The slowdown in the U.S. economy has not seen any immediate pull back on existing projects. Investments into the existing projects are continuing, claims Phaneesh Murthy, Chief Executive Officer of iGATE Patni. Nevertheless, he expects customers to start monitoring more closely investments into newer projects. “My concern is that if the current slowdown persists for another quarter, customers could get into budgeting discussions in a negative environment. If that happens, the IT budgets for 2012 could be impacted and that does not augur well for 2012 for the Indian IT industry,” he said.
The country's textiles and clothing exports are expected to touch USD 32.35 billion in the 2011-12 fiscal, Parliament was informed today. "An exports target of USD 32.35 billion has been prescribed for the textiles and clothing sector for 2011-12. During 2010-11, the textiles sector achieved an export figure of USD 26.8 billion," Textiles Minister Anand Sharma said in a written reply to the Lok Sabha here.
Nigeria’s central bank plans to diversify its $33bn in foreign exchange reserves away from the dollar by switching a tenth of the stockpile into yuan, underlining the momentum behind China’s drive to internationalise its currency.  “We are looking at anything to start with from 5% to 10% of our reserves,” central bank governor Lamido Sanusi said on Monday. The central bank has already said that it is considering reducing its reliance on the dollar, which economists say accounts for the bulk of its $32.96bn in reserves. The bank does not publish the currency composition of its assets.
To prevent a freeze of its foreign reserves Iran withdrew its deposits from foreign banks and allocated 13 billion dollars of that reserves to buying gold and now that value of that gold has tripled.  Bahmani said the central bank bought gold at a price of $656 per ounce and now the price of each ounce of gold has jumped to 1870 dollars and this shows that value of the gold that Iran bought has increased about three times. The central banker also added that value of Iran’s foreign exchange reserves has increased 6.5 billion dollars as the central bank changed some its reserves from dollar to other currencies.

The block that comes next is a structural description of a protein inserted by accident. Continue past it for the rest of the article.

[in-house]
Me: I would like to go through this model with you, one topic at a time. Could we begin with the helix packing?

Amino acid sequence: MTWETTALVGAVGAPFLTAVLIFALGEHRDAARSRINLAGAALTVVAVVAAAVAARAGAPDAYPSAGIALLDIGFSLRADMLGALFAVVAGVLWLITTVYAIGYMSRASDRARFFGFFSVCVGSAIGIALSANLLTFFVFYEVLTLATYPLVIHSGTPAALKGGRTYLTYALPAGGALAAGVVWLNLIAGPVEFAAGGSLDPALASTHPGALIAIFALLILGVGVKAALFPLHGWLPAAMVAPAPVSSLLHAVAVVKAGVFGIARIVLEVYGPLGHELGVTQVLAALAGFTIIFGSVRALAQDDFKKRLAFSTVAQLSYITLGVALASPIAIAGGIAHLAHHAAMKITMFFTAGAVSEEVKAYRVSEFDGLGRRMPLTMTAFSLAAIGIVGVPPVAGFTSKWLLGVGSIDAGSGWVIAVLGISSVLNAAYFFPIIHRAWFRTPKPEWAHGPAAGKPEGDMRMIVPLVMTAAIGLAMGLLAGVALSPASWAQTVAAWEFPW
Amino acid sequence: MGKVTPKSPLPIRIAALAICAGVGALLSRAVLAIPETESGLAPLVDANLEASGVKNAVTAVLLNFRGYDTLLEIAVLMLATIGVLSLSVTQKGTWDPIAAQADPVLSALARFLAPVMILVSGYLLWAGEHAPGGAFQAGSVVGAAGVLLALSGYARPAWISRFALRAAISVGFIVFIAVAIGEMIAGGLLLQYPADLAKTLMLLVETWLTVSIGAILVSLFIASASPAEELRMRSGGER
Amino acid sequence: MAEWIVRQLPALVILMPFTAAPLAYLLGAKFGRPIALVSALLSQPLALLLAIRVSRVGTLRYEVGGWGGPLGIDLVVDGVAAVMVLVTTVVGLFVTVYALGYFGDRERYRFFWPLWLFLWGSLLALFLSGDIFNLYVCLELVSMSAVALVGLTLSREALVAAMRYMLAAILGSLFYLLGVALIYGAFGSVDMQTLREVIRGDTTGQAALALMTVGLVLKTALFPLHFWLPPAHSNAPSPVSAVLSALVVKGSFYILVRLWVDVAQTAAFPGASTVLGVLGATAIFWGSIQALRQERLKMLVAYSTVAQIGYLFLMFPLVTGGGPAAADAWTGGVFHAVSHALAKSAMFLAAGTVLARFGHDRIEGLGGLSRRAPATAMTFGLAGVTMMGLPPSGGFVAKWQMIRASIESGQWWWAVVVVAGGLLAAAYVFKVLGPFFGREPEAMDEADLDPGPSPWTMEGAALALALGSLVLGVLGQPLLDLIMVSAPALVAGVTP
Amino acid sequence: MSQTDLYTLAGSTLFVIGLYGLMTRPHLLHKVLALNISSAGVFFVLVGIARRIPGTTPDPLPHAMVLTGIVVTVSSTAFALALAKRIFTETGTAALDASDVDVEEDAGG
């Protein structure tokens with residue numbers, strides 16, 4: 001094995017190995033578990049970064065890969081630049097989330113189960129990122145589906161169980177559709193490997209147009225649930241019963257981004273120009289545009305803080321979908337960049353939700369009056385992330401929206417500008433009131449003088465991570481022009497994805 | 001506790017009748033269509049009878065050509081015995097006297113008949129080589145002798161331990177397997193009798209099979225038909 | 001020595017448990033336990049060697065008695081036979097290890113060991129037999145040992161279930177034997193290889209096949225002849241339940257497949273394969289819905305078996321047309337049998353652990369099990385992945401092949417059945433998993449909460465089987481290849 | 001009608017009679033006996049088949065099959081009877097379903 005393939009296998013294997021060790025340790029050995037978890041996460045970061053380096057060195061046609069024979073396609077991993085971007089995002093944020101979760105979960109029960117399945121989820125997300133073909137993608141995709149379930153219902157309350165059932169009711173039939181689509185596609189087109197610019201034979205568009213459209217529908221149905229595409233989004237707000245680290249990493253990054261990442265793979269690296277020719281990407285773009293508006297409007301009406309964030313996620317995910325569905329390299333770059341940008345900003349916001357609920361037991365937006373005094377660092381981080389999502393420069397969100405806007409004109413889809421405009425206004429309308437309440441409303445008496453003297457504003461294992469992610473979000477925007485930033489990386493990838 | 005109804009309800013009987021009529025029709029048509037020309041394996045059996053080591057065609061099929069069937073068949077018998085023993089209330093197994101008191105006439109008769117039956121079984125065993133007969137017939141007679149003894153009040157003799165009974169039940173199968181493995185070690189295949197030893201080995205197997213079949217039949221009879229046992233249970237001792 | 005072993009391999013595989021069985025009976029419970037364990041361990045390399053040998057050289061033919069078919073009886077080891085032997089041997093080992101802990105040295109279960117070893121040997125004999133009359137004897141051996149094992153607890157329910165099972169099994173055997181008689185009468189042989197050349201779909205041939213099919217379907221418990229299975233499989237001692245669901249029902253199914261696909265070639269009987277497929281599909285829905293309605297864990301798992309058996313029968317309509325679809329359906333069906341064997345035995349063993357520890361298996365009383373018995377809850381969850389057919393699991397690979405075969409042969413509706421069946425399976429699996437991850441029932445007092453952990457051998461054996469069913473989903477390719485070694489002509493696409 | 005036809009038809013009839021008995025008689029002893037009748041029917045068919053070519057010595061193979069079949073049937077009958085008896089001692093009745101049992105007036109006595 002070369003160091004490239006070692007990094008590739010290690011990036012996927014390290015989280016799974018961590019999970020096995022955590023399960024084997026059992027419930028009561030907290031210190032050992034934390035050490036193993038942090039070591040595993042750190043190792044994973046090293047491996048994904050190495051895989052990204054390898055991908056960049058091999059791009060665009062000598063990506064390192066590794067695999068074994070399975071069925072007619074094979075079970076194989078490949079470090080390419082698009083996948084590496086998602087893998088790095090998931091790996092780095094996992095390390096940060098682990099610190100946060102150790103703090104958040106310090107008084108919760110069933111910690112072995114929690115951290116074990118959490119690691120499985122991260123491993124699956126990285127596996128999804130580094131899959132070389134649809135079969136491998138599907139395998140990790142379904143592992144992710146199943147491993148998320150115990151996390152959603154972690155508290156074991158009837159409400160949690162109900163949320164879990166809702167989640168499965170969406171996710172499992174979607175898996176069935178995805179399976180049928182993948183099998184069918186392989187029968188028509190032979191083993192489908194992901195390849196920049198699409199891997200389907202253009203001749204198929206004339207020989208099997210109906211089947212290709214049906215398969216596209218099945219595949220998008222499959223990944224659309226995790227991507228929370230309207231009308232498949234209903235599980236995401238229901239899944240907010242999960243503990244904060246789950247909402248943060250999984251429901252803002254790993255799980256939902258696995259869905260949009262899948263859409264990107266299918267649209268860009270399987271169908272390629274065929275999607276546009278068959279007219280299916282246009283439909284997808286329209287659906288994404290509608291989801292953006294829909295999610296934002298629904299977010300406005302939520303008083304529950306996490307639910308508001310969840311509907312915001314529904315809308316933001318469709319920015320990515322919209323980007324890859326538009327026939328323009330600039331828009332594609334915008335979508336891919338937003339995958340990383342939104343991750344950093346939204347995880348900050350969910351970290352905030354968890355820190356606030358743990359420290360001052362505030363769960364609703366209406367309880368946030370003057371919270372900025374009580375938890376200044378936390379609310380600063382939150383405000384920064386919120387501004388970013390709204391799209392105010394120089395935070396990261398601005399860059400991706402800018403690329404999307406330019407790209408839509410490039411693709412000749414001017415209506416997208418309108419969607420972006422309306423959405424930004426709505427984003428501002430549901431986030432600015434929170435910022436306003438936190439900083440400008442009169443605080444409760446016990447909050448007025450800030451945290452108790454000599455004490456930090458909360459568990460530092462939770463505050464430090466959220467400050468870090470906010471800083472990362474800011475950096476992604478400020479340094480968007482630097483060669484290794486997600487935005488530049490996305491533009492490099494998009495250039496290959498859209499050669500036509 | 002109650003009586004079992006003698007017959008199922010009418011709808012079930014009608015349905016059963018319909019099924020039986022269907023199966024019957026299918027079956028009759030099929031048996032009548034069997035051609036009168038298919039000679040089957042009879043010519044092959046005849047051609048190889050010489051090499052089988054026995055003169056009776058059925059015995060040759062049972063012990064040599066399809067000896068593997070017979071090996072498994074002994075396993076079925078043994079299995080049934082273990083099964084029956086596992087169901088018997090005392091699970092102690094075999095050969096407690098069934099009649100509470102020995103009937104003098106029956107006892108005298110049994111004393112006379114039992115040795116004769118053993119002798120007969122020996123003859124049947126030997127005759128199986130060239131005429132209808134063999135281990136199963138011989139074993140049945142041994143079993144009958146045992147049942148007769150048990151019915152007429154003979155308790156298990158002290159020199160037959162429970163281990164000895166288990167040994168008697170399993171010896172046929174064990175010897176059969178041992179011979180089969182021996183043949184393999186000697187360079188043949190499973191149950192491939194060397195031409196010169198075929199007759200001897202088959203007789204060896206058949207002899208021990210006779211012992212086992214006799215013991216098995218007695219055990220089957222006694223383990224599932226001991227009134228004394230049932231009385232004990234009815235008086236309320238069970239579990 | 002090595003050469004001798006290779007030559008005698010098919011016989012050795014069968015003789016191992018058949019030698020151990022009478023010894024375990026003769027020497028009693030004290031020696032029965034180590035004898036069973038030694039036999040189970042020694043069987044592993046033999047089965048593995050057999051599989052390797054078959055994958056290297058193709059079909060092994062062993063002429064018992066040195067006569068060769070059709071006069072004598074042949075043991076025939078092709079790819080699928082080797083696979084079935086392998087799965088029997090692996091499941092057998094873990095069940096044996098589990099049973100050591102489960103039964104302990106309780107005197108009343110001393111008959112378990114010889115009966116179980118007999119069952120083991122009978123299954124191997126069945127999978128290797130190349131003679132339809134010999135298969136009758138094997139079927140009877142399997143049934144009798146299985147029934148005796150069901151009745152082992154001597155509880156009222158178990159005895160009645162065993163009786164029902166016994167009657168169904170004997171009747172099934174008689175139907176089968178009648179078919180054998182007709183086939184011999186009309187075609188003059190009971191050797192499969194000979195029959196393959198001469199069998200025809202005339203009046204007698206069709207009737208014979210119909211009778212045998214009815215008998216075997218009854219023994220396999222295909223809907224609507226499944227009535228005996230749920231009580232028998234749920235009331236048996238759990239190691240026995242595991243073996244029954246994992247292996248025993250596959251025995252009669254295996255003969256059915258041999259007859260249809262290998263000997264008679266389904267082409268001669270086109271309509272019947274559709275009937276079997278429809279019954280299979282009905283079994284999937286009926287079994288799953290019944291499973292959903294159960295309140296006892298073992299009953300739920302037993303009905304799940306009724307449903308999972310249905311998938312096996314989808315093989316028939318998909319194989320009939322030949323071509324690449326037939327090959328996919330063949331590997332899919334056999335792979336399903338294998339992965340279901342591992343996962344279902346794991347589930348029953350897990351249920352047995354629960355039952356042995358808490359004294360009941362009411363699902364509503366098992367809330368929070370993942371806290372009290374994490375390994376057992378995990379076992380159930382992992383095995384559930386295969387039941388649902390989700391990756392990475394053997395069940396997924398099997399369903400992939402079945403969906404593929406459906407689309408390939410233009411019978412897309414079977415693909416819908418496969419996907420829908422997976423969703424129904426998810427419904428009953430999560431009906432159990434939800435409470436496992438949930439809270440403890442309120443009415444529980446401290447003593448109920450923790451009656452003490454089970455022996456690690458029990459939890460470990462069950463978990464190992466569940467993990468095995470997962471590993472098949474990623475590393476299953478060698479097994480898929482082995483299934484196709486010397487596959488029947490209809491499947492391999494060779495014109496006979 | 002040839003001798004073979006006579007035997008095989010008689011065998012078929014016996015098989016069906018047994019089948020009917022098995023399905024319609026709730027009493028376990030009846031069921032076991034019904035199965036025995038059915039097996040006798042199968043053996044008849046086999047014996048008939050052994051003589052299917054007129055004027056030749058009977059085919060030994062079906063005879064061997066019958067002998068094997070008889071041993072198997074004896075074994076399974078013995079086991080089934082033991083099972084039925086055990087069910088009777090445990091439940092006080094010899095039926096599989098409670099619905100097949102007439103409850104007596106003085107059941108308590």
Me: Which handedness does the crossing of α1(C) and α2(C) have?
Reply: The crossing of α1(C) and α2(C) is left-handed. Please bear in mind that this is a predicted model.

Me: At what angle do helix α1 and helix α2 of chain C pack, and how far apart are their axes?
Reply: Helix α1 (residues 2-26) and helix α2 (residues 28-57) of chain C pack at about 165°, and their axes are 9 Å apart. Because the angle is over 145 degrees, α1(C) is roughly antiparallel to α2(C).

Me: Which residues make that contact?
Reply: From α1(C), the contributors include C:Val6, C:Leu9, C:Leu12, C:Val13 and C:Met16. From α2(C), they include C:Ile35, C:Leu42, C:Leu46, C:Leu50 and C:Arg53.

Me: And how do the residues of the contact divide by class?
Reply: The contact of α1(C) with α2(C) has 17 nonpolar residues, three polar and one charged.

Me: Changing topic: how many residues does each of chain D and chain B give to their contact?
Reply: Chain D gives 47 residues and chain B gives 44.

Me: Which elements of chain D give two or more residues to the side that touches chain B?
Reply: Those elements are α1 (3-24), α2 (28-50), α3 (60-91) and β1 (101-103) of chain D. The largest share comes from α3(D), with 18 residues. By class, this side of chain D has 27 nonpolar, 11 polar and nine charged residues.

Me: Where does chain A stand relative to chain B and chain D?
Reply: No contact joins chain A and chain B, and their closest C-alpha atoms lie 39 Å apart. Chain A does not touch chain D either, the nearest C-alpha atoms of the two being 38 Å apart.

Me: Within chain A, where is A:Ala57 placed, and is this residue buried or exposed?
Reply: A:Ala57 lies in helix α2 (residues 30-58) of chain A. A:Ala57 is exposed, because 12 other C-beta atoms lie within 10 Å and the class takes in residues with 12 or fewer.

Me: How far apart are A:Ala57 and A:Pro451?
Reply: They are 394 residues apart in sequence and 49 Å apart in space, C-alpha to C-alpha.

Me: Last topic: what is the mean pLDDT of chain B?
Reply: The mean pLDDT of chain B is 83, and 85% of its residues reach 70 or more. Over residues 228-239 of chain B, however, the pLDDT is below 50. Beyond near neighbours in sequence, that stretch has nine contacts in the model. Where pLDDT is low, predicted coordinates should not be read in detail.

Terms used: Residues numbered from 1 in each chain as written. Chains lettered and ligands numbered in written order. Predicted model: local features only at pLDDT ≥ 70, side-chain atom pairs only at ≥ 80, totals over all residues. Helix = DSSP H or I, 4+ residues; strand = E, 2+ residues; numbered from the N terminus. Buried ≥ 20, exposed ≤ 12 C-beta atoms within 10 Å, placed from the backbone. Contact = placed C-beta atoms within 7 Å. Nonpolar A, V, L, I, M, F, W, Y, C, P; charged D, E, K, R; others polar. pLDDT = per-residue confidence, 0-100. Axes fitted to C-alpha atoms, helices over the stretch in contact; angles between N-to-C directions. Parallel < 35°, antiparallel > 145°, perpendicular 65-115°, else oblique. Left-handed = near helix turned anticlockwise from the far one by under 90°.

The struggling decade-old Doha Development Round of free-trade talks must not be allowed to collapse, India’s trade minister said on Monday.  The call came as failure threatens the negotiations on expanding the global free trade system by cutting subsidies and barriers for farm produce and reducing import tariffs on industrial goods and services. “We must not allow this round to collapse,” Anand Sharma told a trade gathering also attended by World Trade Organization (WTO) chief Pascal Lamy.
From one of the most intelligent minds and the father of Black Swans. Taleb on banks, moral hazard, and bonuses. Don’t forget he is probably rather short the market…. For the American economy – and for many other developed economies – the elephant in the room is the amount of money paid to bankers over the last five years. For banks that have filings with the US Securities and Exchange Commission, the sum stands at an astounding $2.2 trillion. Extrapolating over the coming decade, the numbers would approach $5 trillion, an amount vastly larger than what both President Barack Obama’s administration and his Republican opponents seem willing to cut from further government deficits.


Probably one of the better papers on the European situation and the possible solutions, that was presented on The Trader some time ago. With renewed dynamics in the region, a report well worth reading. We see three plausible scenarios in the coming months:


Sell in May…? Once again, we had the usual “this time is different” arguments at the time. Back in May (3 months ago), people couldn’t think clearly, as QE2 was giving Investors a blurry picture. Many were talking of the resilient Economy, and “this time IS different”. But, boy, were they wrong. It is NEVER different. From ING research back in May;